I began to argue with him, until another cry from Celia forced my attention to her again. She was half bent over, clutching her chest, and in her pained voice, she whispered to the disk archers, “Release.”

  My eye immediately shifted to the girl who shared Simon’s brown eyes. She didn’t flinch as she sent her disk flying. In that same instant, Joth’s arm curved around my waist, yanking me backward, fully within the borders of the forest. The disks collided in the air where I had just stood, exploding into dust against each other, then falling to the ground.

  “What sort of game was that?” Joth snarled at me.

  “He’s killing her—let me go!”

  I broke free of him and tried to run out of the forest, but the sam
e half-lives who had just protected me now barricaded me from leaving. A scream pierced the boundary, then it was cut to total silence.


  When I saw her again, she had collapsed to the ground, but her body was still now. Dead.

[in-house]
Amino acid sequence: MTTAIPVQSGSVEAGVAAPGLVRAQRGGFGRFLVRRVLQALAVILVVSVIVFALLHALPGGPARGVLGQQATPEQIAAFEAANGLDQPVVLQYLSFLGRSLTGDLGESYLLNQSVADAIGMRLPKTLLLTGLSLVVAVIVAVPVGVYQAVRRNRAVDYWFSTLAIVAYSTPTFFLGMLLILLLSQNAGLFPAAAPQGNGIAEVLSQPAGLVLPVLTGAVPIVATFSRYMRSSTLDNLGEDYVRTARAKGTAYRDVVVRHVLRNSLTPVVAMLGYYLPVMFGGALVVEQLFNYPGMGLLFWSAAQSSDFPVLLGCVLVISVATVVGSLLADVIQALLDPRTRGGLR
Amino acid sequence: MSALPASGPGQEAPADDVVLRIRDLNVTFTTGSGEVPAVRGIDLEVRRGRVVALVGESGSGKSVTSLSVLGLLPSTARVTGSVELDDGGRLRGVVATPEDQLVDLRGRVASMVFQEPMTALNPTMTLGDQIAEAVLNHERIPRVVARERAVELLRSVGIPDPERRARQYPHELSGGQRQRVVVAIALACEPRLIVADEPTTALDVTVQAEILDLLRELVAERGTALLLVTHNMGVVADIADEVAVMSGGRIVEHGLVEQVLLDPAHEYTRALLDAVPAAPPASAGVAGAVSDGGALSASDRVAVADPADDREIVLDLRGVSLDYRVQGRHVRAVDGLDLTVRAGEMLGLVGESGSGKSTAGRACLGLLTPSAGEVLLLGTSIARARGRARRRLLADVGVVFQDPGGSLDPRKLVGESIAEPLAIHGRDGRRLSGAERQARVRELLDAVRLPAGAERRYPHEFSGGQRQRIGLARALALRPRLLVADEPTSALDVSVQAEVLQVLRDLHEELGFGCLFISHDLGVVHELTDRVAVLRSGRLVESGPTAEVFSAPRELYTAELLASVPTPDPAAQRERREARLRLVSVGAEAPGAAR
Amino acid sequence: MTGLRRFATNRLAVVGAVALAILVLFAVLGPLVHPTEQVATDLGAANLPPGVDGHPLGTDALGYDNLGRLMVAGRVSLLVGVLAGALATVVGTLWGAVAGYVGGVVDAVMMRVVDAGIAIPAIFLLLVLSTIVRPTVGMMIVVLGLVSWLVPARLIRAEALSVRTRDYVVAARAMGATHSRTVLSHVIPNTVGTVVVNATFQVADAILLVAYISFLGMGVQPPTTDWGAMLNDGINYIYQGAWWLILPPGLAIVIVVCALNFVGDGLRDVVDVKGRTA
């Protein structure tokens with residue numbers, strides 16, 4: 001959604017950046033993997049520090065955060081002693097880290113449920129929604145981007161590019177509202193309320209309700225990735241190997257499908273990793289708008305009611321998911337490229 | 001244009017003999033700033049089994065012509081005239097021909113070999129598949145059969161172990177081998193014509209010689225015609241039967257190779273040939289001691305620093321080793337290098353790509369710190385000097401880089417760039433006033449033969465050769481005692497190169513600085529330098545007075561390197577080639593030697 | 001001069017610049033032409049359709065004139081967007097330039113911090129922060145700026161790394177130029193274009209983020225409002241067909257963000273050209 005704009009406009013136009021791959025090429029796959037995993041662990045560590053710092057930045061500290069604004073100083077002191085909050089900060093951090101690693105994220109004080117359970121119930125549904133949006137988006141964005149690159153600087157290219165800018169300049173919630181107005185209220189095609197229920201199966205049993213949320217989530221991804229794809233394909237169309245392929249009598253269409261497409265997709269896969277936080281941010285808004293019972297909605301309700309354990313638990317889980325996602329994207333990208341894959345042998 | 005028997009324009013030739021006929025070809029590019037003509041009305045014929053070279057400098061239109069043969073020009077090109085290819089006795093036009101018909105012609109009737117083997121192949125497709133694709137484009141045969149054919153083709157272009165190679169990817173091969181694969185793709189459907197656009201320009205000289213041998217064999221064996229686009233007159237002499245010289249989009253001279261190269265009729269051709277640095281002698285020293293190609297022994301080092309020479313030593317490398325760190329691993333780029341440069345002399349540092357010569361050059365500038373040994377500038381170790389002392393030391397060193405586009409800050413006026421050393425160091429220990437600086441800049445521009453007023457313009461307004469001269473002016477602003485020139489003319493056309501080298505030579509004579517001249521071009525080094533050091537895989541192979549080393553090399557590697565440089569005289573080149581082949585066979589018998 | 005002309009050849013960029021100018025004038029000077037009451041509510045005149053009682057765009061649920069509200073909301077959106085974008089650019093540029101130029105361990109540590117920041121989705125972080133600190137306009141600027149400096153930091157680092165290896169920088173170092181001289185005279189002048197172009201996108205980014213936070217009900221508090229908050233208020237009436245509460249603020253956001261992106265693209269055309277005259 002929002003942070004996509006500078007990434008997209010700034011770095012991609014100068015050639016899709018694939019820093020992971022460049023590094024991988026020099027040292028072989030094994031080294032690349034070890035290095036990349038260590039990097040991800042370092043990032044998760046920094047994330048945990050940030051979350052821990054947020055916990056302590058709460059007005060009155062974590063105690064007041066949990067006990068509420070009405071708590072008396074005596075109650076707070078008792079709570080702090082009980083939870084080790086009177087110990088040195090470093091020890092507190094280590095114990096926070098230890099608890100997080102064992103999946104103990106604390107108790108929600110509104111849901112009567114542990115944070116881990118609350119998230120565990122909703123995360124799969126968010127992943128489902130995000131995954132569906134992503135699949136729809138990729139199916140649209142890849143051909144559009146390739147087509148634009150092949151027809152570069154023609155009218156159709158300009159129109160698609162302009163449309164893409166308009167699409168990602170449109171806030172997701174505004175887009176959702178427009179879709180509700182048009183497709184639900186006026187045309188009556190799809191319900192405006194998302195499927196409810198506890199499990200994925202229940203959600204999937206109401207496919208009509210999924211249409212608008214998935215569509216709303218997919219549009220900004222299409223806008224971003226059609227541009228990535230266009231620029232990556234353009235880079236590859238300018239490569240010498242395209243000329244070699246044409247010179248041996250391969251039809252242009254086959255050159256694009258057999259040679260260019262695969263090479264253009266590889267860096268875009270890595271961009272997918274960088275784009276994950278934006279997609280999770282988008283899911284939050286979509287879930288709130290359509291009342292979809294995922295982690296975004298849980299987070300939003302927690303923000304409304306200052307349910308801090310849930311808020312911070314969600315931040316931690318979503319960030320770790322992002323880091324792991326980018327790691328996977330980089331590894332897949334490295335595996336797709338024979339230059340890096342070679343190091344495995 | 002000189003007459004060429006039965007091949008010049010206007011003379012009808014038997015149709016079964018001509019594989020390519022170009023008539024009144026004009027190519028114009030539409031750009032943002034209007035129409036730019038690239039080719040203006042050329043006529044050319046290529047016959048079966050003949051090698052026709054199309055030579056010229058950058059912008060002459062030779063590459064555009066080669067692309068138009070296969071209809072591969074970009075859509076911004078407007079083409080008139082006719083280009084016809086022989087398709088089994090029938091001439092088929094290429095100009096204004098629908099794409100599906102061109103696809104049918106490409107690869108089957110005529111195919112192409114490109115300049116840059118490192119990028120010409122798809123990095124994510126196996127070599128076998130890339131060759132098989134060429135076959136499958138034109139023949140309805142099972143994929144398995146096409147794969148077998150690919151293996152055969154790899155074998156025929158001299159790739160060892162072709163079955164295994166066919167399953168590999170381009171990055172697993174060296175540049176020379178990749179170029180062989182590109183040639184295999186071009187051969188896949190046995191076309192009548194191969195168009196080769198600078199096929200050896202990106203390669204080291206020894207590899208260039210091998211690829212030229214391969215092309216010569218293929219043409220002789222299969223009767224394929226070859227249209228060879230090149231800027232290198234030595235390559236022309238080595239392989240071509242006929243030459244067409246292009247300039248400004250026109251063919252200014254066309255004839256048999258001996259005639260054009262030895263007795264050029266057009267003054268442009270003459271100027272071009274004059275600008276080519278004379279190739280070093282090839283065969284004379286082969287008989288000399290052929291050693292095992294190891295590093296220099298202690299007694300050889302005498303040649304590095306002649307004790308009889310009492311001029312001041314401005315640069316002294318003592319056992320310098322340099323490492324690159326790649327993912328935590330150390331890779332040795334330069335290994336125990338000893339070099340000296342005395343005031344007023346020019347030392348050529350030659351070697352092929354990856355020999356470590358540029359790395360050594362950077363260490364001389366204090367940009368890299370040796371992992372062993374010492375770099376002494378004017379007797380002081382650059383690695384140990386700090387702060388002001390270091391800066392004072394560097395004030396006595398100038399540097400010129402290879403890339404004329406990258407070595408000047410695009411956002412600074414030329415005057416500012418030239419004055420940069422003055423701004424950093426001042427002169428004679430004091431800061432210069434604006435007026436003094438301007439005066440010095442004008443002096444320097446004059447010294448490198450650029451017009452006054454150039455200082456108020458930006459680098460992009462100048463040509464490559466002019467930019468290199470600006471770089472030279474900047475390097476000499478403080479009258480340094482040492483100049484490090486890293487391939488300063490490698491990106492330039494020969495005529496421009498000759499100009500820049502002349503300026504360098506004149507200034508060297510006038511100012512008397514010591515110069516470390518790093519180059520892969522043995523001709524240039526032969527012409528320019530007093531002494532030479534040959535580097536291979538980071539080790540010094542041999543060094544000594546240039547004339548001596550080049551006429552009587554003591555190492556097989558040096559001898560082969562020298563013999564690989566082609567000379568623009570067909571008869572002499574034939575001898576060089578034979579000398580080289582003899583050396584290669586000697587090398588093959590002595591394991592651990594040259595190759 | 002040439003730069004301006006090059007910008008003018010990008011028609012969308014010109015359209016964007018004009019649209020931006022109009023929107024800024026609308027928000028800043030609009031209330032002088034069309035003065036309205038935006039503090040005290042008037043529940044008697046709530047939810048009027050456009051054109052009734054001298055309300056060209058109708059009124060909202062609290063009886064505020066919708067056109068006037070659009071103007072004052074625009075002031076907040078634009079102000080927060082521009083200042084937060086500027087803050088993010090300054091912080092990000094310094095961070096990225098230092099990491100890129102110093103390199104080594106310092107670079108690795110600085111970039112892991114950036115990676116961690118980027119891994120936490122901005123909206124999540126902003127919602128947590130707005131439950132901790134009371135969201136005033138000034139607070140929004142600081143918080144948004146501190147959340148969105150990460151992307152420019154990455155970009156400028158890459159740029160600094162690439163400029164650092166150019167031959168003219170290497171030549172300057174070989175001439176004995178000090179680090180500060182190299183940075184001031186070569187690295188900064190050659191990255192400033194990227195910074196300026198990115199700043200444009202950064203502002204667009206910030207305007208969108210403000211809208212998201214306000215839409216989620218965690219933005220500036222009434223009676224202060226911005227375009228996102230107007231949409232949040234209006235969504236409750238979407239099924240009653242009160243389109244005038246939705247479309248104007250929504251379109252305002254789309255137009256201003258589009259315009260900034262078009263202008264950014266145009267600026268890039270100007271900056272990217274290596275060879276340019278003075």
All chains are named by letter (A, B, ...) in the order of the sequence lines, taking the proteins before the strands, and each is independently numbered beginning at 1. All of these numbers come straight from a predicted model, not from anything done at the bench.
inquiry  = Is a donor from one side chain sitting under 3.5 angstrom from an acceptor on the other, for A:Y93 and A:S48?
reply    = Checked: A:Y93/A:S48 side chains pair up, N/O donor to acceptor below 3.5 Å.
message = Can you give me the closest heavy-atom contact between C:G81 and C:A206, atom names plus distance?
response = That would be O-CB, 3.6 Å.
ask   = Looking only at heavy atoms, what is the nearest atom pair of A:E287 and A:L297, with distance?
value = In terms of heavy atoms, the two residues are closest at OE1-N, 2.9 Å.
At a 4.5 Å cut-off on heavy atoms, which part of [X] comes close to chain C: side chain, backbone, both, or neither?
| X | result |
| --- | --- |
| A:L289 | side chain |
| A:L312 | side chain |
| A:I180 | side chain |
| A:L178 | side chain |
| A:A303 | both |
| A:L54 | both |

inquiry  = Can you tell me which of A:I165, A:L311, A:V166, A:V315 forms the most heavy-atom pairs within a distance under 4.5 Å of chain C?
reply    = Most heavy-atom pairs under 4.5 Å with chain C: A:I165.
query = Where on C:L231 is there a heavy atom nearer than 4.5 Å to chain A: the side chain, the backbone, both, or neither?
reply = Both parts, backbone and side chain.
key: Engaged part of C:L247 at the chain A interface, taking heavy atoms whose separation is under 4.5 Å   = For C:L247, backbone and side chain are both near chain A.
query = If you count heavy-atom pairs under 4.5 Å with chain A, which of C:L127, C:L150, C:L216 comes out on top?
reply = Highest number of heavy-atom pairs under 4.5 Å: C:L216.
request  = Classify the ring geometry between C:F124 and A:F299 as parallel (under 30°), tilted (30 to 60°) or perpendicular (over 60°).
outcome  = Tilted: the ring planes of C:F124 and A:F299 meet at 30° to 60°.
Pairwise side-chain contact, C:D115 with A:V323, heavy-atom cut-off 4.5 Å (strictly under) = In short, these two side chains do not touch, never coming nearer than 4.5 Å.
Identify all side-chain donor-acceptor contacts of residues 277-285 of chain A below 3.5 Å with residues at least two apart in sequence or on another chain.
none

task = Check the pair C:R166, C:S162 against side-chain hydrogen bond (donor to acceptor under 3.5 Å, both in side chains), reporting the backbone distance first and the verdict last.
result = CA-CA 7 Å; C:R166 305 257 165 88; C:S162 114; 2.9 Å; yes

“No!” Desperately, I turned to Loelle. “You can save her.”

  “It’s too late, and even if I could, not with those archers out there.” In a sterner voice, Loelle added, “Besides, she would not have needed saving if you had not come to the border.” To Joth, she said, “Put Kestra in the wagon and keep her there until I can get us deeper into the forest.”

  He half threw me into the back of the wagon, immediately climbing in next to me. If he wanted a fight, he’d get it. I reached for his arm but was repelled by the same half-lives that had prevented me from going to Celia.